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Homeowners confident about ability to pay mortgages...

Canadian homeowners are much more confident than government officials and economists about their ability to pay off mortgages, even if the market takes a turn for the worse, according to a survey released Wednesday.

The Royal Bank's annual outlook suggests 85 per cent of respondents think they are doing a good job paying off their loan obligations, and 73 per cent think they are well positioned even if the housing market were to drop.
"The reason that stood out to me is because of all the commentary we've all been hearing about Canadians being overextended, all of those various concerns bubbling around," said Marcia Moffat, RBC head of home equity financing.
The findings contrast with a slew of statistics and warnings from top economists — including Bank of Canada governor Mark Carney — that Canadians are getting in over their heads and may find themselves in difficulty when interest rates rise.
Statistics Canada's most recent report showed that the debt-to-disposable income ratio of Canadians hit a record 148 per cent in the third quarter, even beating out Americans for indebtedness. Put another way, the figure means Canadians owe $1.48 for every dollar they earn.
But the Royal Bank survey, conducted in January, could also be a sign that Canadians are taking heed after more than a year of warnings issued by the Bank of Canada and the federal government about debt exposure.
"There has been a lot in the media around ... (those) concerns for at least the last year and maybe Canadians have been listening, seeking out advice, and ensuring that they're in a strong financial position," Moffat said.
"If you've got a concern about something transpiring, you may try to get ahead of it to put yourself in a better financial position."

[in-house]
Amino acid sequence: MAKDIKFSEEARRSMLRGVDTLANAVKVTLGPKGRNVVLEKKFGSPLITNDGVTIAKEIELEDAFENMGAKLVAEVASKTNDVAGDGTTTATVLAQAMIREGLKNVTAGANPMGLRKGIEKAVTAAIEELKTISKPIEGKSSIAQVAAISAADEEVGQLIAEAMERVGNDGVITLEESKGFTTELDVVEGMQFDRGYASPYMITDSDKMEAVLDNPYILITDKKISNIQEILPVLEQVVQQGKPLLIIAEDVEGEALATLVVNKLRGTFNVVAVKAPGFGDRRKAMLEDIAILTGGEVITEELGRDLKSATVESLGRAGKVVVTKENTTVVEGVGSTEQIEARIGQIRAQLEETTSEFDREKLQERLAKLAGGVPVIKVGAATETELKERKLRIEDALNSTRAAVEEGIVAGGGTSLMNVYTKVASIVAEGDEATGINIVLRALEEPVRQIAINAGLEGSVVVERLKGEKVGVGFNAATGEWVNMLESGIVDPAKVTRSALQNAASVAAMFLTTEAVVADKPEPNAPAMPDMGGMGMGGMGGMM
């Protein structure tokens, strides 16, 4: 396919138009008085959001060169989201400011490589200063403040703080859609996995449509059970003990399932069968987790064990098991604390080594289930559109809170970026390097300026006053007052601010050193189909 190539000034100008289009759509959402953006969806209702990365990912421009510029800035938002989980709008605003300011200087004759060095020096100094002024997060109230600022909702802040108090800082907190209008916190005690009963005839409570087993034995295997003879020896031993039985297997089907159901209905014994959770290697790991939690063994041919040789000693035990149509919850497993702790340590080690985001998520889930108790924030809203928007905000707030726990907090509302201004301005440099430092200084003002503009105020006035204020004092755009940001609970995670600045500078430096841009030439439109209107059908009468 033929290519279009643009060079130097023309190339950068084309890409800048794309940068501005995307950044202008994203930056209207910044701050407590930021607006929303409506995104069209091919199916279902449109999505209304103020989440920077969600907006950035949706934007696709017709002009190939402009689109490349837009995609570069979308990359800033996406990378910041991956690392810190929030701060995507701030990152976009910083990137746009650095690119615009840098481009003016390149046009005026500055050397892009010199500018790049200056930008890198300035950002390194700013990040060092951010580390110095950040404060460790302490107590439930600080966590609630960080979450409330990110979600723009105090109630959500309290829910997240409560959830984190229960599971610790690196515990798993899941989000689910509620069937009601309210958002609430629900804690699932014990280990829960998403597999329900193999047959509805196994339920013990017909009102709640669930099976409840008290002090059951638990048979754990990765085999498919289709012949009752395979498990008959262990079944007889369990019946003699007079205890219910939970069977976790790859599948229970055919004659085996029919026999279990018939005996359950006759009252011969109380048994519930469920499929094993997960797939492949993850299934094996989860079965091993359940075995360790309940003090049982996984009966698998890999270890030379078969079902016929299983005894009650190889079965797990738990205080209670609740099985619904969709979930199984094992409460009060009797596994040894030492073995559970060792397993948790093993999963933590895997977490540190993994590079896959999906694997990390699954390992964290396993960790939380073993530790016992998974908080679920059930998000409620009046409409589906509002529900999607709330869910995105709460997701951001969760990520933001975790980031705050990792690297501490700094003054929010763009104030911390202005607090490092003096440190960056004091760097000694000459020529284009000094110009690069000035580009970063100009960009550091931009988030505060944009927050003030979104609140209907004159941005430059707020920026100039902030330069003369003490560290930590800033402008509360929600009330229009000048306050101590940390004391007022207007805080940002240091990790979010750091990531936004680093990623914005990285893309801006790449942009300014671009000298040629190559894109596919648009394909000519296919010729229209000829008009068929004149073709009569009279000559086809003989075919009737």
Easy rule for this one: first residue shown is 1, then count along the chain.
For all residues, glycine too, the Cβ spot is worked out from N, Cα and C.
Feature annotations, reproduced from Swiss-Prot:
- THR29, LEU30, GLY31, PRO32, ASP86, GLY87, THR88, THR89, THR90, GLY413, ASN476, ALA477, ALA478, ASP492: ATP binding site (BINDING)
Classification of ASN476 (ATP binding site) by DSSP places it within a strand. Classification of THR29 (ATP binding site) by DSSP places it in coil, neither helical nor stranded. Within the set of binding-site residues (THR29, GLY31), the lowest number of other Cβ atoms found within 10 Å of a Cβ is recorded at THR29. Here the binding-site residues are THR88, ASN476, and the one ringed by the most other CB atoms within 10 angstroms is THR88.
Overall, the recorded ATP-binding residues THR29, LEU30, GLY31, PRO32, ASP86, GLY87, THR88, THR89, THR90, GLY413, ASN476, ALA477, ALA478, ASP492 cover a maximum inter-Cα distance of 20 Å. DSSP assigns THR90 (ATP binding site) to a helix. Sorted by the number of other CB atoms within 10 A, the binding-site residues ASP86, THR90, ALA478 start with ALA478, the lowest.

Canadians' growing optimism about their debt situations could stem largely from increased job stability and rising incomes, which are providing a better backdrop to pay down debt, Moffat added.
But the government is less assured.
Its third round of tightening mortgage rules in as many years is set to take effect later this month.
New measures introduced by Finance Minister Jim Flaherty to rein in borrowing will take effect March 18.
The changes include reducing the amortization period on government-insured mortgages from 35 to 30 years, limiting the size of home-equity loans and removing government insurance on lines of credit
secured on homes.
Interest rates are widely expected to rise in the second half of this year, driving up the borrowing costs for variable mortgages and other loans linked to bank's prime borrowing rates.
Still, 90 per cent of respondents in the Royal Bank survey said they were confident about real estate as an investment and a large majority still thought it was a good time to buy.
Interest in purchasing a new home over the next two years has fallen, but only slightly. At 29 per cent, the number is considered strong and is still better higher than it was 2006.
However, fewer respondents than in last year's survey said it was better to buy now rather than wait, suggesting that buyers aren't feeling the same sense of urgency to get into the market.
Buyers rushed into the market in the opening months of last year to beat a combination of rising interest rates, new mortgage rules and the HST in two provinces.
"Last year's survey showed that people were looking to buy ahead of rising costs," said Moffat.
"This year marks a return to more normal levels of purchase intentions and recent housing data reflects
this move to a more balanced market."
Nearly 70 per cent of homeowners said the value of their homes has increased in the last two years.
Meanwhile, a Statistics Canada report also released Wednesday suggested that prices for new houses continued to rise at the beginning of this year along with resale home prices.
The federal agency's new home price index rose 0.2 per cent in January from the level in December.
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